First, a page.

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HomeNewsLocal newsAliyah Boston Reflects on Upbringing in USVI and Encouraging Young Female Athletes

Aliyah Boston Reflects on Upbringing in USVI and Encouraging Young Female Athletes

NCAAW superstar and St. Thomas native Aliyah Boston lives a very simple life. Her daily routine consists of waking up, lifting weights, going to practice, eating lunch, doing homework, and taking a nap.

Boston currently plays Division 1 basketball for the University of South Carolina. In her freshman year, Boston was named “National Freshman of the Year,” made the All-America second team, and won the “Lisa Leslie Center of the Year” award. In her sophomore season, Boston was named “National Player of the Year,” won the “Naismith Defensive Player of the Year” award, was again the “Lisa Leslie Center of the Year” and made the All-America first team.

In April, Boston led the Gamecocks to the national championship with a decisive 64-49 victory against the University of Connecticut, earning her the “Most Outstanding Player” award for the March Madness tournament. Boston has just about every basketball award there is.

During a recent interview, Boston spoke of the importance of living a normal life and not developing a big ego. Being raised in the U.S. Virgin Islands, she said she also learned to appreciate the little things in life – things as simple as making the trip to the movie theater just to buy popcorn.

She said making the U.S. Virgin Islands proud with her National Championship win was an incredible feeling. Boston also said that due to her circumstances, she felt as though she grew up quickly. Not only was she raised on an island that prioritizes respect and acceptance, but she moved to New England to live with her aunt at the age of 12 so that she could pursue her basketball career.

This kind of change can be drastic for most people, let alone a 12-year-old girl. Boston said there were occasional struggles with being away from her parents – Cleone and Al Boston – but that they have been consistently supportive of her dream.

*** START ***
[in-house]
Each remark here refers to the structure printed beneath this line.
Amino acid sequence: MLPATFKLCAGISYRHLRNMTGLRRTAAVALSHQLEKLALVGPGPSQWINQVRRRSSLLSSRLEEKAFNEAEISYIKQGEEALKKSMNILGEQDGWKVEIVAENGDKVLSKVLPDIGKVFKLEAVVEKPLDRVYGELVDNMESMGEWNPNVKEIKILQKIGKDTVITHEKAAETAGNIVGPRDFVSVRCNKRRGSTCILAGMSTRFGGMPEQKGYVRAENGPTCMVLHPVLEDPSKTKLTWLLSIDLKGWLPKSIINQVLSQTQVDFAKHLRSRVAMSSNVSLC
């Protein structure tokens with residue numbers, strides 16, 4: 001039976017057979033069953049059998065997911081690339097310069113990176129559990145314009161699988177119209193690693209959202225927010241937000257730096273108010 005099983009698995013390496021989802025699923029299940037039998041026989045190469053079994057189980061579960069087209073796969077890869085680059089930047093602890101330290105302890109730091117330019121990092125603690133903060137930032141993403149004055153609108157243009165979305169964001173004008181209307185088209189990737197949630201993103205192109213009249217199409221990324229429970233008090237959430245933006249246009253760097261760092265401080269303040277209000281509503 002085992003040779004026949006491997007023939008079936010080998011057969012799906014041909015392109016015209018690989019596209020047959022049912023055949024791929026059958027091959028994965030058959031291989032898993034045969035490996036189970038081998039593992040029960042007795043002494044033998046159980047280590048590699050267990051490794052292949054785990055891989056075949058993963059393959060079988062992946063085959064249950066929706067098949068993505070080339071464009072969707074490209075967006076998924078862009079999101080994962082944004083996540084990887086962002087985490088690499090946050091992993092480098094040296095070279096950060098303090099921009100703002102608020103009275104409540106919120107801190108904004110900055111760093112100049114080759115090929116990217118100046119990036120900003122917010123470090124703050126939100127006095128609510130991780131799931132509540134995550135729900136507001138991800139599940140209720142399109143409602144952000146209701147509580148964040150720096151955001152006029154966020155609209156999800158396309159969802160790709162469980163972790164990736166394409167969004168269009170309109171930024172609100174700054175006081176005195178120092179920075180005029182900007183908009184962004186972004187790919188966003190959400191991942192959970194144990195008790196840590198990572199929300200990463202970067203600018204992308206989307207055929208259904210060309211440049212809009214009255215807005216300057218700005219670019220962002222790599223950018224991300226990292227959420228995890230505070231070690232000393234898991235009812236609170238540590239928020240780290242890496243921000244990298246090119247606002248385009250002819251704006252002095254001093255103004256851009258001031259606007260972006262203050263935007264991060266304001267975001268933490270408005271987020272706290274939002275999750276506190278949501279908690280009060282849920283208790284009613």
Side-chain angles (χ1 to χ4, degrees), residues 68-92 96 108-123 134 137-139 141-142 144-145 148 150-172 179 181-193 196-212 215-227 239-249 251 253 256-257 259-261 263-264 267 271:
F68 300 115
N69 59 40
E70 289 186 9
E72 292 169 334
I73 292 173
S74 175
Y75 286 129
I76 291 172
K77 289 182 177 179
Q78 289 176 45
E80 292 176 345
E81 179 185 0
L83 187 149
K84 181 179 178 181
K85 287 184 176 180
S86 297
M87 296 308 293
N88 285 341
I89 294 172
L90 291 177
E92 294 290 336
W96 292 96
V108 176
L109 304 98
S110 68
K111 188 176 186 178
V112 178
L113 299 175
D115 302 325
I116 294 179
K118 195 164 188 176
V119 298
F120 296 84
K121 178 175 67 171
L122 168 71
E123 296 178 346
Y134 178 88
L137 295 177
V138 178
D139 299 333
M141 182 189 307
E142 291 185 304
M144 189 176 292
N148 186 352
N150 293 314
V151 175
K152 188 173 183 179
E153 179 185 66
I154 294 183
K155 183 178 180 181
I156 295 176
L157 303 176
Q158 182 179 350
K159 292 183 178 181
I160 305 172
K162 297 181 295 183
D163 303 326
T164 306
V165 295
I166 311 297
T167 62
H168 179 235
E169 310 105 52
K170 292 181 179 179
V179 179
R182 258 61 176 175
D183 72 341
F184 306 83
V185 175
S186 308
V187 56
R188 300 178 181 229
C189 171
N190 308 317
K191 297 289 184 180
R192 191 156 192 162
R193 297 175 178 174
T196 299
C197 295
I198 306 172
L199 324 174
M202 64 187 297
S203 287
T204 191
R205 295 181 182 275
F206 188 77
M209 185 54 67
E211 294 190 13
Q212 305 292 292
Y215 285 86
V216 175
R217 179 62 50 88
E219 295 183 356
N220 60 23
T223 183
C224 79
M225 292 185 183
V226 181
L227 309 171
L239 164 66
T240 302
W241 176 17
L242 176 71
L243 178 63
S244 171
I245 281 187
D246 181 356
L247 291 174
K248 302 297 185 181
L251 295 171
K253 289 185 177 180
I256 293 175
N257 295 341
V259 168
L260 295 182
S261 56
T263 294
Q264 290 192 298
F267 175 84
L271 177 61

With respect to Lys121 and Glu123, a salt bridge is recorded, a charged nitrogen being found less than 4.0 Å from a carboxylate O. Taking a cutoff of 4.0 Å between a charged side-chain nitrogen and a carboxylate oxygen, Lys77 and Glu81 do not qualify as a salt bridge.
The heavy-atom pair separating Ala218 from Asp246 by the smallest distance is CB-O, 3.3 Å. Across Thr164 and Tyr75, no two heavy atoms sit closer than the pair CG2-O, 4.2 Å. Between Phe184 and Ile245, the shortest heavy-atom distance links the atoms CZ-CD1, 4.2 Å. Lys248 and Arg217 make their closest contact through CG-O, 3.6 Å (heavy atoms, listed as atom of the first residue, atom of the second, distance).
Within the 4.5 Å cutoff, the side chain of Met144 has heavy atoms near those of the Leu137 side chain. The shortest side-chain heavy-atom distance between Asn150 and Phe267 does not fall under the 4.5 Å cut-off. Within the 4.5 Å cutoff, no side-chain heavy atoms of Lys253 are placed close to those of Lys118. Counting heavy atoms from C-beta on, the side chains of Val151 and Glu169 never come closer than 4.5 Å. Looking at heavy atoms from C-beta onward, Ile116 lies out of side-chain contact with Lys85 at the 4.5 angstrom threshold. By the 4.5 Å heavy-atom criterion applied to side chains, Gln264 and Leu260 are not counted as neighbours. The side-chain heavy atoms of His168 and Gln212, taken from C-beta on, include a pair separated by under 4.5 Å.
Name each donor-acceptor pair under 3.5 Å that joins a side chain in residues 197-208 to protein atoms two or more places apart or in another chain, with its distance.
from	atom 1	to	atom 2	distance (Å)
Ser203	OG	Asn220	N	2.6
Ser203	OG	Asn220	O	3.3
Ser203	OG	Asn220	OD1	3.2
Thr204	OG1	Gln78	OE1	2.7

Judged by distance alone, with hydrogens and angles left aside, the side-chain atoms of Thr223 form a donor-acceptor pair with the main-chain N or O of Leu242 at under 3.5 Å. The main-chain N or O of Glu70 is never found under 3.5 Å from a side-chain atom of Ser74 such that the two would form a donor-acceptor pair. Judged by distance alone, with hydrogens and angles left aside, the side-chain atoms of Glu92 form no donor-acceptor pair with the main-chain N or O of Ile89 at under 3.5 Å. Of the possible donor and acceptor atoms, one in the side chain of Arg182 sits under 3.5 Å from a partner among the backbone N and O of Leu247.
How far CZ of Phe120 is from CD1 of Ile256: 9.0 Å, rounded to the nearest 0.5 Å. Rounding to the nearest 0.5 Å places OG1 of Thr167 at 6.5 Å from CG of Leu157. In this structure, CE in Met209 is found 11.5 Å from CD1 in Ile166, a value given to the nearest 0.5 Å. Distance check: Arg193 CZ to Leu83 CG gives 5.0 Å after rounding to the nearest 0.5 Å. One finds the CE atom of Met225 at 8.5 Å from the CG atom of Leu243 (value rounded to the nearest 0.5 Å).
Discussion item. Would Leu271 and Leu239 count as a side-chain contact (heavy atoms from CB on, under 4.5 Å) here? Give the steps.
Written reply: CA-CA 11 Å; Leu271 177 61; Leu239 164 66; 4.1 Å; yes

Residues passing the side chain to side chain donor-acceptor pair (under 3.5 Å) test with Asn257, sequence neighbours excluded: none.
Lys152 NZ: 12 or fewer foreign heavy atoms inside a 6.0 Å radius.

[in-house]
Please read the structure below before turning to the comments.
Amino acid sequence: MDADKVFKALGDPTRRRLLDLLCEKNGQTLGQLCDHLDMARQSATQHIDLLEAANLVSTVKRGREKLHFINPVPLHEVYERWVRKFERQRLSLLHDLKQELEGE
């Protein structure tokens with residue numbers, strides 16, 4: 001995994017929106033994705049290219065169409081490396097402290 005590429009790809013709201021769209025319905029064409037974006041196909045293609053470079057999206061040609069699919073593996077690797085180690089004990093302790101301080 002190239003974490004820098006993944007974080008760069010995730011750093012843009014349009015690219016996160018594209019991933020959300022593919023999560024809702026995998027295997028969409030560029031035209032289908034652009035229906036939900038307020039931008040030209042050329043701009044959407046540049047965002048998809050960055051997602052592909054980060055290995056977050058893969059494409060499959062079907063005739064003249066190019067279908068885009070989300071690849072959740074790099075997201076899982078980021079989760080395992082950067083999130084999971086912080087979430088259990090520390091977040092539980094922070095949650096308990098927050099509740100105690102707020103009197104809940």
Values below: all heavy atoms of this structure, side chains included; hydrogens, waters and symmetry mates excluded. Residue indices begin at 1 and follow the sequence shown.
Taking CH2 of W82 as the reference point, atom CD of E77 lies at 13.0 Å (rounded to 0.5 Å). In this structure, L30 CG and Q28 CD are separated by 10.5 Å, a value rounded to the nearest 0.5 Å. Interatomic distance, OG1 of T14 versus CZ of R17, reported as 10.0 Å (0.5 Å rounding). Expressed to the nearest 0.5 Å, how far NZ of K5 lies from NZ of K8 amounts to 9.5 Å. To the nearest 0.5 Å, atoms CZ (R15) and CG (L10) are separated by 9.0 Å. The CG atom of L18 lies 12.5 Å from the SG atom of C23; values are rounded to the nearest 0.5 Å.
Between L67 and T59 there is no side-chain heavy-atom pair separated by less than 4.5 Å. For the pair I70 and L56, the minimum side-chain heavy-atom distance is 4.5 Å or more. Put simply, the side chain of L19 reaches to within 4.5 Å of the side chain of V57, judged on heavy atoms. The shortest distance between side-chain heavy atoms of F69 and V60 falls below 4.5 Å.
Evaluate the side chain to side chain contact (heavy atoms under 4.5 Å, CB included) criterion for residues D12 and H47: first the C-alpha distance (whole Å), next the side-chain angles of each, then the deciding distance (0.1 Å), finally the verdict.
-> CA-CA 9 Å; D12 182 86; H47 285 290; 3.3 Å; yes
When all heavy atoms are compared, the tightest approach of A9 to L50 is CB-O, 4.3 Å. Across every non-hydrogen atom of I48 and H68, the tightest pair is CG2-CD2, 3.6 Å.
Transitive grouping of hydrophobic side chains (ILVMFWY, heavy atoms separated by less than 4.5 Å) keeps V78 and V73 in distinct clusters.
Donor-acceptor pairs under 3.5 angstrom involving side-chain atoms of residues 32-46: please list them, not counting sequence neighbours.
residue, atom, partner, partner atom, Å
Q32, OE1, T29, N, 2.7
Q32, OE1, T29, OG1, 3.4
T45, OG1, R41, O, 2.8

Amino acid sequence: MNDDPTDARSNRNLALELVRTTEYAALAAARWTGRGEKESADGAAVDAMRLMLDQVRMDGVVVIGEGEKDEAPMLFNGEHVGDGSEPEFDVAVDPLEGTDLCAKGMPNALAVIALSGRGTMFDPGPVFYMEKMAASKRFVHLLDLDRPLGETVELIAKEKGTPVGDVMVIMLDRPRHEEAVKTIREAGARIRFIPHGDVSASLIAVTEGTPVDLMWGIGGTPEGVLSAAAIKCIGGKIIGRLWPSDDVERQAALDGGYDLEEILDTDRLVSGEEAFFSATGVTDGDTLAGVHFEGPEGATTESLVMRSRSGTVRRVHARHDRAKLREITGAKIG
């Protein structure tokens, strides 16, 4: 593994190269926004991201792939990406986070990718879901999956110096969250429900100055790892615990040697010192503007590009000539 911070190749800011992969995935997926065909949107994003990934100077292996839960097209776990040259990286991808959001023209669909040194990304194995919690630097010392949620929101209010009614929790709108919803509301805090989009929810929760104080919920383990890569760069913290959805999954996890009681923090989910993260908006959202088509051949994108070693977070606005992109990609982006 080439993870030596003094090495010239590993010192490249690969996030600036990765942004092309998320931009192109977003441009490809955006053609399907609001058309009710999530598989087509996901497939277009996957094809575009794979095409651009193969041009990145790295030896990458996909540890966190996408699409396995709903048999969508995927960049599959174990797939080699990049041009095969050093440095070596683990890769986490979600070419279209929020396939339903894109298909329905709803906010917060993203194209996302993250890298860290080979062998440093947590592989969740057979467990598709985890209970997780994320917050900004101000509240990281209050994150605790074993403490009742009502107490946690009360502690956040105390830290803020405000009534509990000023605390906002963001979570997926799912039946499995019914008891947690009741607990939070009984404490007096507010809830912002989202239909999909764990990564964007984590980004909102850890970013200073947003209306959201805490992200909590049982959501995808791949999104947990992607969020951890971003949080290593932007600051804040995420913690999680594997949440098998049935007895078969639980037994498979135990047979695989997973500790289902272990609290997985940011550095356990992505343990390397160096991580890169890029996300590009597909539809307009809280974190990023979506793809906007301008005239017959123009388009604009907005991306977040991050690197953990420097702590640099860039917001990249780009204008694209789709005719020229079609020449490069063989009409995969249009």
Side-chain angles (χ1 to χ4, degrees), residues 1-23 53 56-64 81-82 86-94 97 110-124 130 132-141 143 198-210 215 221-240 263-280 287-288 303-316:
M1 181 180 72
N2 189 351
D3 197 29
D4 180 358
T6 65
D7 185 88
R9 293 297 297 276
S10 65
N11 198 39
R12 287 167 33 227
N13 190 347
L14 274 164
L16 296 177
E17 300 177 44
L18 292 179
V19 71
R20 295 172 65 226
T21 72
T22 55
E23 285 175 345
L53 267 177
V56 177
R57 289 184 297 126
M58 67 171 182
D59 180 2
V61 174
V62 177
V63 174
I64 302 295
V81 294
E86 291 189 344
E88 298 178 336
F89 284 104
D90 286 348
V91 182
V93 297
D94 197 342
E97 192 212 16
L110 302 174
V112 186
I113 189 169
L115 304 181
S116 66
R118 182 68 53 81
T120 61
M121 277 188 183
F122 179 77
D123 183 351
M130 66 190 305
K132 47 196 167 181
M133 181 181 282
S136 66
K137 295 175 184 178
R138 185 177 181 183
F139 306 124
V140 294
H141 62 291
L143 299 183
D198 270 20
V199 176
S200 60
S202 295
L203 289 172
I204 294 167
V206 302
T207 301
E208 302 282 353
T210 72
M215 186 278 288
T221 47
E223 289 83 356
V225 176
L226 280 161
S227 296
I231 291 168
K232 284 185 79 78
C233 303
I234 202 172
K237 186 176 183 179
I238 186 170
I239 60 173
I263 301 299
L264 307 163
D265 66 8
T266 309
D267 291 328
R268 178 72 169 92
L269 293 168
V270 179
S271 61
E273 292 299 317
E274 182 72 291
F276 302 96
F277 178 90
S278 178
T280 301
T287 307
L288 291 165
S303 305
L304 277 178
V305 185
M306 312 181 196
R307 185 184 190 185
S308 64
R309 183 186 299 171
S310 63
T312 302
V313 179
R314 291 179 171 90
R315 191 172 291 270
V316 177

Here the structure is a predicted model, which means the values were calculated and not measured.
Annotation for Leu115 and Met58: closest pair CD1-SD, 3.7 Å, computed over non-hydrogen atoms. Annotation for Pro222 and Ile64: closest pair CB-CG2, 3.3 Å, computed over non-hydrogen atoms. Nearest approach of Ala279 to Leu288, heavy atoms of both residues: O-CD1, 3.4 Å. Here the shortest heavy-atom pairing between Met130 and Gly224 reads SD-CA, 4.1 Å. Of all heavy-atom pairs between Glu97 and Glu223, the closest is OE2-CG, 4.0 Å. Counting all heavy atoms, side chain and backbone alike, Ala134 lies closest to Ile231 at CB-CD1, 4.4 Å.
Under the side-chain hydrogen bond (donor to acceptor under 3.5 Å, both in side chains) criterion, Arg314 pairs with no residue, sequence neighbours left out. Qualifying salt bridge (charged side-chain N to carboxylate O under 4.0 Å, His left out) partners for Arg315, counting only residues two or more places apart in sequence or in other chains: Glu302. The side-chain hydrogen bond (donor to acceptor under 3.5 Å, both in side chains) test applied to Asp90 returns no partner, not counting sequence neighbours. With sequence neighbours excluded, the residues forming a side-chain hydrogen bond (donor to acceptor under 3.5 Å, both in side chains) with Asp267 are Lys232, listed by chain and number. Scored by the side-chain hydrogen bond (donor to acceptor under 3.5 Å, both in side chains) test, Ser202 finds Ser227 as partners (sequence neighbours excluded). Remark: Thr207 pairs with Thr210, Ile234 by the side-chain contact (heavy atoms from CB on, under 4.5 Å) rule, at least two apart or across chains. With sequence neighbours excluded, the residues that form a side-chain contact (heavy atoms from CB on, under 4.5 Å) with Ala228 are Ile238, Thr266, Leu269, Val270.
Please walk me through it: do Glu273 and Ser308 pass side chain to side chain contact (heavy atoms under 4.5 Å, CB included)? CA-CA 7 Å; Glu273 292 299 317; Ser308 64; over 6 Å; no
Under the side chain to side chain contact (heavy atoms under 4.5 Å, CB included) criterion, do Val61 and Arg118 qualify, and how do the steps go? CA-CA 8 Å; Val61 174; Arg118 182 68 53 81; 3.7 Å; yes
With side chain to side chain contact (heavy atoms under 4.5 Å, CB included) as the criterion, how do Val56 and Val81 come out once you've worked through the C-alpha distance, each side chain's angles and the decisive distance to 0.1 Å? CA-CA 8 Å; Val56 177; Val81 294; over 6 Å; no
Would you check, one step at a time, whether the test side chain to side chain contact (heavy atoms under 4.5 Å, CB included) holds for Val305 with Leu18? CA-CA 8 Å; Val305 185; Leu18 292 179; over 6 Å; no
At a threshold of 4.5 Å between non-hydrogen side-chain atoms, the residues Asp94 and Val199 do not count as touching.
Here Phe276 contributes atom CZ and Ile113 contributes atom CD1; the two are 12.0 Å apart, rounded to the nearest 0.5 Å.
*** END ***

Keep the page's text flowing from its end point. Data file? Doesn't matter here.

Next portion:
Boston also recognizes her sister – Alexis Boston – as a big influence. Alexis currently plays basketball for Thomas University in Georgia. “Both of my parents, they sacrificed a lot for my sister and I. … My sister is important because she’s the reason that I even started playing basketball,” said Boston.

There are many young athletes in the U.S. Virgin Islands that are either looking to move or have moved to the states for a greater number of opportunities because on the small island of St. Thomas, there are very few teams to compete with. Boston said that after moving to the states, she was traveling a lot more frequently, as she went from state to state for games.

For her personally, the adjustment was not very difficult, she said. Boston pinned this on the fact that she was still young and “learning how to grow up.” Asked what advice she would give to young athletes in the U.S. Virgin Islands that are looking to make the move, she said, “It’s not going to be easy, but it’s going to be worth it.”

Boston said giving back to her community is extremely important to her. “It’s so important because you know, this is where I started and where everything really began. … To be able to give back to the community is just so important to me because I don’t want to forget where I came from,” she said.

Aliyah Boston. (File photo)

In early June, Boston ran a one-day camp with Under Armour for the female basketball players in the territory. She explained that she wanted to give these girls a camp to go to because it’s something she never had while living in the Virgin Islands.

Boston said that encouraging young female athletes is very important to her because she wants them to have the same opportunities as their male counterparts.

She believes that coverage of women’s sports by big media outlets will continue to grow and broaden as time passes. While there has been a rapid increase over the last few years in the exposure that female athletes receive, they are still nowhere near the level male sports are covered.

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